It clouds your reporting on matters of Catholic interest and it biased your story.

EVERYBODY has a bias, including you, including your experts, including me.
The point is, you gave a PARTICULAR bias to your story.
You did not attempt to balance it.
You went to at least one unqualified person (Frank Flinn) to get a money quote.

Furthermore, you say you want remarks that are not totally based in faith?
So, you're saying that Fr. Driscoll of Notre Dame is not basing his remarks in faith?
That's a remarkable aspersion to cast on a priest, wouldn't you say?

What have I said that makes you think I would base my remarks "totally in faith"?
As I indicated before, I'd be happy to take any test you want to give me for objectivity.
So far, you seem to have passed judgment on me without actually finding out where I am.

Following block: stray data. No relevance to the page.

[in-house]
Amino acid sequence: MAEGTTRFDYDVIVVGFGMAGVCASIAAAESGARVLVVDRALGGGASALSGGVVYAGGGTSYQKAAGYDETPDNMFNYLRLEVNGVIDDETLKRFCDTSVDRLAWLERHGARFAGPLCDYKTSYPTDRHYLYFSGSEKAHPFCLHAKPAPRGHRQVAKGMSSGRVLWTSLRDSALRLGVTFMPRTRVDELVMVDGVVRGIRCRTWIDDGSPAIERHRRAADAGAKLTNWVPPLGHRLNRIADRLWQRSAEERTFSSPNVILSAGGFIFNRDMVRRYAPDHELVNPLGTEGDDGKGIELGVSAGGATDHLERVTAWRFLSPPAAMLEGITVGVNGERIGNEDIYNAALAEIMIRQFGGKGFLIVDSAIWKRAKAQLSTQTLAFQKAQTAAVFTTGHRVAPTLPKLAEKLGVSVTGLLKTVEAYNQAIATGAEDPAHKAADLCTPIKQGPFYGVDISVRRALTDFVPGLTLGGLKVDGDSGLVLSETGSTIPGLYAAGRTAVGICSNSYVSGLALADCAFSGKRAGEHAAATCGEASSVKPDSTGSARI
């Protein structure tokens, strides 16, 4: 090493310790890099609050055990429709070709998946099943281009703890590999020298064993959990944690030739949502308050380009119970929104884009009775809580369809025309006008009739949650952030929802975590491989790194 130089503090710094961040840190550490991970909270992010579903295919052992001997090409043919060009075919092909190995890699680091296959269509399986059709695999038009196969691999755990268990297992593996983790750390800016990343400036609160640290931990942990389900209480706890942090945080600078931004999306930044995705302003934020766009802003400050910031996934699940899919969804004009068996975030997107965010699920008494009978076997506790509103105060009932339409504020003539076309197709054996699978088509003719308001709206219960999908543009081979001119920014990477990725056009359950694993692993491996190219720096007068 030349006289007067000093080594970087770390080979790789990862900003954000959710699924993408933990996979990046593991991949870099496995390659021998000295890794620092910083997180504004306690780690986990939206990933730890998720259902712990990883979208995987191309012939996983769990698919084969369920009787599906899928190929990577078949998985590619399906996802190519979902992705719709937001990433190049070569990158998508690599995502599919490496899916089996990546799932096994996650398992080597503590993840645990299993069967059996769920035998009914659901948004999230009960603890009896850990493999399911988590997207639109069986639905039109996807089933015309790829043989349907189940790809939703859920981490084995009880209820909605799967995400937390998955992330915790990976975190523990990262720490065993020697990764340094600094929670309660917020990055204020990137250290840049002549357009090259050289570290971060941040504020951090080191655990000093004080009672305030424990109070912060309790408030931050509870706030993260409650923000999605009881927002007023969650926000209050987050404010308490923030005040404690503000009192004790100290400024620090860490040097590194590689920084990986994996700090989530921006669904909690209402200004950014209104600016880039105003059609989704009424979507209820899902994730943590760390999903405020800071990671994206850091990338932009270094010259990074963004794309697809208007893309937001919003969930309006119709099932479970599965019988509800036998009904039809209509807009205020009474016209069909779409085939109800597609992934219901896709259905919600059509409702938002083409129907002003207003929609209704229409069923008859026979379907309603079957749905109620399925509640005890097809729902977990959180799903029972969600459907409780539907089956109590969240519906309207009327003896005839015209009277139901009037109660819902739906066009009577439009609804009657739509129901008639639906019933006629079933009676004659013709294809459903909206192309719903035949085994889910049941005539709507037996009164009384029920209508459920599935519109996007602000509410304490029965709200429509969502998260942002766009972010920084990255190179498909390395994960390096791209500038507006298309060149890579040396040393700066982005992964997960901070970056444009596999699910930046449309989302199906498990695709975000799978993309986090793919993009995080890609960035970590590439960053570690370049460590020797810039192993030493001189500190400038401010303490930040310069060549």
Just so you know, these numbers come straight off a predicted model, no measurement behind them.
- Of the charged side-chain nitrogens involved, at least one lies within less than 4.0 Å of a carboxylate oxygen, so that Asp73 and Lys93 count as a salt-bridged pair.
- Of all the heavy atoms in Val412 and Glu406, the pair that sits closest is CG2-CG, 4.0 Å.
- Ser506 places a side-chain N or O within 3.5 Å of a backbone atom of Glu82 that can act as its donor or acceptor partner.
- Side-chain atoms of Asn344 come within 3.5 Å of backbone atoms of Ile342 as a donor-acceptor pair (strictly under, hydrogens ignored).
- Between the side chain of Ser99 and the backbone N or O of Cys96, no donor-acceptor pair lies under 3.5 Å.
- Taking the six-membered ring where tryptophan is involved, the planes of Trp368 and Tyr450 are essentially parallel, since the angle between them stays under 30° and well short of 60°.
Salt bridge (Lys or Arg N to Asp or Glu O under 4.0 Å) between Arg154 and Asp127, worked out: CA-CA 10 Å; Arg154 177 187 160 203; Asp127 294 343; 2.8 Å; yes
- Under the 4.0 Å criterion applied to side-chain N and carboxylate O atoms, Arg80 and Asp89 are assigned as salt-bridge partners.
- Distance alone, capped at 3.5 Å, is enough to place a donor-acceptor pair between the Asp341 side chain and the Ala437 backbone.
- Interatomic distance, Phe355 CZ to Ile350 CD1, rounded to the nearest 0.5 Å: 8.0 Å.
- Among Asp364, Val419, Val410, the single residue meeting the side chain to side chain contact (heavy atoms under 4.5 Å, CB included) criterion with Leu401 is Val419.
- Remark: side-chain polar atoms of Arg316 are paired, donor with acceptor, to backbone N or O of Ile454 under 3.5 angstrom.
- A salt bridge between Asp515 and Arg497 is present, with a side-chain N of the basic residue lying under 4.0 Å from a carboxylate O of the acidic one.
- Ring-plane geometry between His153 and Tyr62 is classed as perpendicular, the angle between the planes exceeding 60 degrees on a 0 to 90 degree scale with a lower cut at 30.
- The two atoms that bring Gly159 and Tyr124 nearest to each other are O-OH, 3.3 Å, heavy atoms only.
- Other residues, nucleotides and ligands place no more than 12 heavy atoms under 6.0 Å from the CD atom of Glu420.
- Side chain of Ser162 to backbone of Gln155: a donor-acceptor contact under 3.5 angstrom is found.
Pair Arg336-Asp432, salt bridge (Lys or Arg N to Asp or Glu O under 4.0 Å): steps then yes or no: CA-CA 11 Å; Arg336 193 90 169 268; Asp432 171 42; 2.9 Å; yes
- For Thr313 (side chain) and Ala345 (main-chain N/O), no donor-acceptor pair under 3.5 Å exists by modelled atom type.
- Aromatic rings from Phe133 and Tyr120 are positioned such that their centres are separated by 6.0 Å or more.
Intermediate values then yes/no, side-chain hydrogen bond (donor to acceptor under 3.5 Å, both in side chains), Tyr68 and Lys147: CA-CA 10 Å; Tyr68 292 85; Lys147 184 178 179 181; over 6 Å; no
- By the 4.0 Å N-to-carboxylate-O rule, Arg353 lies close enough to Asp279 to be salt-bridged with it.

And, given that you are writing a story based PRECISELY on how total faith is supposed to be undertaken by a Catholic, I don't understand your response. How can you write a story about Catholic liturgy - when Catholics believe sacraments and liturgy (not preaching) to be the heart of their Faith - and insist on getting responses which are not "based totally in faith"?

When you go swimming, do you insist on not getting totally wet?
Do you refuse to interview Olympic swimmers because their remarks on the subject would be biased?

Finally, George, this is 2010.
That means we use e-mail, in order to make clear EXACTLY what was and wasn't communicated.